Auditory processing is a fundamental cognitive skill because it determines language mastery, the gateway to reading and learning. Children whose language processing skills do not mature and develop are at risk for difficulties in:

  • Learning — listening accuracy and comprehension
  • Reading — a language skill
  • Social interaction
  • Thinking — internal dialog uses language

Delays in auditory processing also impede development of working memory (related to IQ), attention skills and higher level thinking and learning. Furthermore, for children with auditory processing difficulties reading comprehension is almost always a challenge. If letter sounds are not clear, reading can’t be automatic. It will require constant concentration and extra effort.

A Child’s Day with Auditory Processing Disorder

Auditory processing disorder in children can be very challenging. When we are young, our day job is school. Our primary focus is getting an education. With auditory processing disorder, a child’s school day may be more challenging, frustrating and sometimes humiliating than anyone realizes.

  • He may be missing much of what the teacher is saying in class, particularly in noisy classrooms.
  • Homework can be frustrating and stressful.  This stems from not understanding the assignment, an inability to follow the lesson in class and/or reading problems.
  • Social conversations with peers are challenging, particularly in noisy playgrounds.
  • Sometimes she faces humiliation, having to answer in class before she understands the question.
  • Reading out loud in class or to a parent is often another daily struggle.

These daily frustrations erode confidence and self-esteem.  Furthermore, they create a negative connection to reading and learning that over time will be hard to reverse.  Consequently, many children with APD do eventually grow out of their processing delays, but they never do become enthusiastic readers.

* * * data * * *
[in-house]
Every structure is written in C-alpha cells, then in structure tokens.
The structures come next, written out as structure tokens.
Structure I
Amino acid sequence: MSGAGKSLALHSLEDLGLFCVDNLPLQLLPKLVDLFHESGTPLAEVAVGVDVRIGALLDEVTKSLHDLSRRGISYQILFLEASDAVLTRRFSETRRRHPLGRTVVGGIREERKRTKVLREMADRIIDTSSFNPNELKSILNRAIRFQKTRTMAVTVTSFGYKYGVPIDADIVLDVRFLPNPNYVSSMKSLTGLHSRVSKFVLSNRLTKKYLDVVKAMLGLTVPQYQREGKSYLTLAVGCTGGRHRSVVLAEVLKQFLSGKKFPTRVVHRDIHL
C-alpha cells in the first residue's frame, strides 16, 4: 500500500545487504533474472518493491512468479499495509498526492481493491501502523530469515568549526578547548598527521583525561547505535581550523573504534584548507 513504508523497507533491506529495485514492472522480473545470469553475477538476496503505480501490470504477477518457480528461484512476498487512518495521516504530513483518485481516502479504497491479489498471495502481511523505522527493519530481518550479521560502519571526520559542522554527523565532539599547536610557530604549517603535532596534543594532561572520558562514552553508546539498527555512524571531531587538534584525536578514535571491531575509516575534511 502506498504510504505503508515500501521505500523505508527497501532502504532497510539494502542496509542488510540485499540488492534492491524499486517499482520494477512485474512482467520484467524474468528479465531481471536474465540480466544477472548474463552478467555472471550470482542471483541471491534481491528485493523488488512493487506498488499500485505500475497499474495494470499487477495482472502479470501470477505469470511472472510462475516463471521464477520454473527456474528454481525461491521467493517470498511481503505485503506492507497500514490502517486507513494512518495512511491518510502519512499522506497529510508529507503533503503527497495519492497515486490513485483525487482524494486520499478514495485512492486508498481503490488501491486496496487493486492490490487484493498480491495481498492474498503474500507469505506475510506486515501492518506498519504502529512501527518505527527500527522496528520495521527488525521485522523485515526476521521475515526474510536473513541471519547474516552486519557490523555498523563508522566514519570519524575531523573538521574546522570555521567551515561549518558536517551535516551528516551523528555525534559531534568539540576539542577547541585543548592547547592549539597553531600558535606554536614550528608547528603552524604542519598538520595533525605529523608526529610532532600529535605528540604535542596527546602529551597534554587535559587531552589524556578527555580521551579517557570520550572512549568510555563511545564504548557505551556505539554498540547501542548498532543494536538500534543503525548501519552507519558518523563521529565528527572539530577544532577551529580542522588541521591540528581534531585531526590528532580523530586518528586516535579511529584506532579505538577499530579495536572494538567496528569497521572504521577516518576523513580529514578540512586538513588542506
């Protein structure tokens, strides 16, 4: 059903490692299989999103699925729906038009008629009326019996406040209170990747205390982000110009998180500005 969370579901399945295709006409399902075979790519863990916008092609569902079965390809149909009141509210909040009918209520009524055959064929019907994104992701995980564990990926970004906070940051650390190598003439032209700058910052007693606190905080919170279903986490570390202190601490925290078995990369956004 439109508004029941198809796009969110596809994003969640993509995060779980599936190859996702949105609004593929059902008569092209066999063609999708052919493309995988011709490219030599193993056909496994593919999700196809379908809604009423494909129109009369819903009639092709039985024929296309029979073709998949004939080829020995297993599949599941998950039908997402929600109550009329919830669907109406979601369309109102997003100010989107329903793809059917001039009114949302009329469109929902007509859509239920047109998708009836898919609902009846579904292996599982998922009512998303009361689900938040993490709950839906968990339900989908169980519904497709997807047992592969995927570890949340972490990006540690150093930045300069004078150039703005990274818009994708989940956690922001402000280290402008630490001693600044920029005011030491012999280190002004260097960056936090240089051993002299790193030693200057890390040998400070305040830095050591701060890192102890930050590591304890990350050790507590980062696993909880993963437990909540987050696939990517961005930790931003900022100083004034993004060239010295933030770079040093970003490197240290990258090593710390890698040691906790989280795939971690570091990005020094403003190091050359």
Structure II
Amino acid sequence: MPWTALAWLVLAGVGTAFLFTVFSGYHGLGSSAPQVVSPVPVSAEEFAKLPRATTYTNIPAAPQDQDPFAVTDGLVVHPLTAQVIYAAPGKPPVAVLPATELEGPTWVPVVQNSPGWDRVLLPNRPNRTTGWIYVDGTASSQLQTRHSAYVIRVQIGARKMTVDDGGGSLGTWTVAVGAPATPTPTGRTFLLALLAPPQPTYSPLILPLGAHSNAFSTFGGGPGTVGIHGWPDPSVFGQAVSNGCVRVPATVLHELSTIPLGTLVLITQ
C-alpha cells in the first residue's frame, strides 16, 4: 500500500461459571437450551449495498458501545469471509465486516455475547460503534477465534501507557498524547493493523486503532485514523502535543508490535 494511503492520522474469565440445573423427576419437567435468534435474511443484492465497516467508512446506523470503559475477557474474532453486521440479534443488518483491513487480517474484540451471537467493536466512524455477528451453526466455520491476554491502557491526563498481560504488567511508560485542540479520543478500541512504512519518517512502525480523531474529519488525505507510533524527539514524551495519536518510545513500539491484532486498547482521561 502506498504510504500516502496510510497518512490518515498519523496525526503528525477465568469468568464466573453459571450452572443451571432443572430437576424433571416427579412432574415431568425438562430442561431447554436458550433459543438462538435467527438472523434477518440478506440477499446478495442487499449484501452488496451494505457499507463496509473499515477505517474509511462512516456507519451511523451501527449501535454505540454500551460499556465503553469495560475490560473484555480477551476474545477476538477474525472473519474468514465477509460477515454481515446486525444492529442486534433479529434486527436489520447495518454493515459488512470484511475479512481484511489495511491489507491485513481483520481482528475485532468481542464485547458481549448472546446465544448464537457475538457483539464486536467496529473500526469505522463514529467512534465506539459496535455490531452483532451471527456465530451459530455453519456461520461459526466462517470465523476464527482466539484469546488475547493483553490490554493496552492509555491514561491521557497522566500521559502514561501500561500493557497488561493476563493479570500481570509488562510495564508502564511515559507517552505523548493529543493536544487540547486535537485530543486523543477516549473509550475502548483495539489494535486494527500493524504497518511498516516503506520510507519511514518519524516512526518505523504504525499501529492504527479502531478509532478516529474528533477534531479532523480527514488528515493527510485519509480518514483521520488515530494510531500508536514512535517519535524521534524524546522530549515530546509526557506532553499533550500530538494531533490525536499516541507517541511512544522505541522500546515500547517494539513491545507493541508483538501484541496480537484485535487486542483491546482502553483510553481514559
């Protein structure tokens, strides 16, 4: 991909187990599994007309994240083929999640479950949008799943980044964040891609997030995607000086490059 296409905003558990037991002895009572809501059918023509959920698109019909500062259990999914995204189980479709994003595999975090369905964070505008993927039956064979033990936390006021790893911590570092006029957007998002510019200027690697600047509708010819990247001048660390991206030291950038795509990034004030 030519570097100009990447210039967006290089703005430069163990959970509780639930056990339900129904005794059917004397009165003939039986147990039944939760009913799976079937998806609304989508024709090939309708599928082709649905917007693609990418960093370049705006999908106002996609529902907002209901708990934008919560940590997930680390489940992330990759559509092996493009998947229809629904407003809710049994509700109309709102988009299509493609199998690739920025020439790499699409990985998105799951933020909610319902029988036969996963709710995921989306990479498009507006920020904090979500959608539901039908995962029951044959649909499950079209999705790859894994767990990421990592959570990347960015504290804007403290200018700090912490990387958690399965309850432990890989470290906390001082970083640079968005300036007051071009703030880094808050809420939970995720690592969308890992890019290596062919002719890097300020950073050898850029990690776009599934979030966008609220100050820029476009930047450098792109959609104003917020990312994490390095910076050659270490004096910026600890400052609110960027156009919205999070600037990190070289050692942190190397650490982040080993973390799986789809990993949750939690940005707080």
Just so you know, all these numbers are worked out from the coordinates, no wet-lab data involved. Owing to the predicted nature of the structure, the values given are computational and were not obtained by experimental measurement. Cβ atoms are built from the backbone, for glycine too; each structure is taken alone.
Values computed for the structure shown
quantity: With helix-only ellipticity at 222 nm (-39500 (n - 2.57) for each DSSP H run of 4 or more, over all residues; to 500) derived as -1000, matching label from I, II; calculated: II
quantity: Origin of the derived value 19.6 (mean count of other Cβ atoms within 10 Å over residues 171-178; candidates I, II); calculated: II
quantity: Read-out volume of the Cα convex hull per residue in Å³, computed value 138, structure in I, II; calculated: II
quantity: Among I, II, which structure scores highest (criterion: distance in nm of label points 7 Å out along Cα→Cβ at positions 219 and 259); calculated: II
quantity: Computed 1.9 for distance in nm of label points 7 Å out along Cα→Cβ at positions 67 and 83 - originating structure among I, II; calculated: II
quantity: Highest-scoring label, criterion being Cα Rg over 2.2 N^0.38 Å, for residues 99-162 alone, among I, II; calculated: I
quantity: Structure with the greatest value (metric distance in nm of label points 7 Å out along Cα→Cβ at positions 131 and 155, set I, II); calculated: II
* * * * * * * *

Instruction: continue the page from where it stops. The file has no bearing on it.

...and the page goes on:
How To Identify APD and What To Do Next

As you might expect, being aware of central auditory processing disorder causes and therefore recognizing auditory processing disorder in children early on is important. We recommend formal testing with one of our audiologists experienced in Auditory Processing Assessment.

 

APD Assessment at All Ears Hearing

Suitable for:

Children aged 6+ who seem to have normal hearing but still have problems understanding slightly complex conversations or directives. This should also be considered for kids who complain seem to get distracted by background noises very easily.

Duration:

4 sessions at 1 hour each.

Prior to the appointment:

No referral necessary. However, with a referral from GP a medicare rebate of $300 is available. Please be prepared to describe the problem and its impacts.

During the appointment:

The first appointment consists of a standard hearing test.

The second and third appointments will focus on APD-specific tests, such as binaural processing tests and temporal processing tests.

The fourth appointment is used to provide a report, discuss the results and recommendations from the assessment. The child is not required to attend this appointment.

What you walk away with:

You - and your doctor if this was a referral - will be delivered a comprehensive report following the assessment. Management strategies would be discussed.

Home based auditory processing training program for eg: CAPDOTS might be recommended depending upon the results of the APD assessment.

Roger Focus ( FM system) might be recommended to assisst the child hear the speech clearly in classroom environment.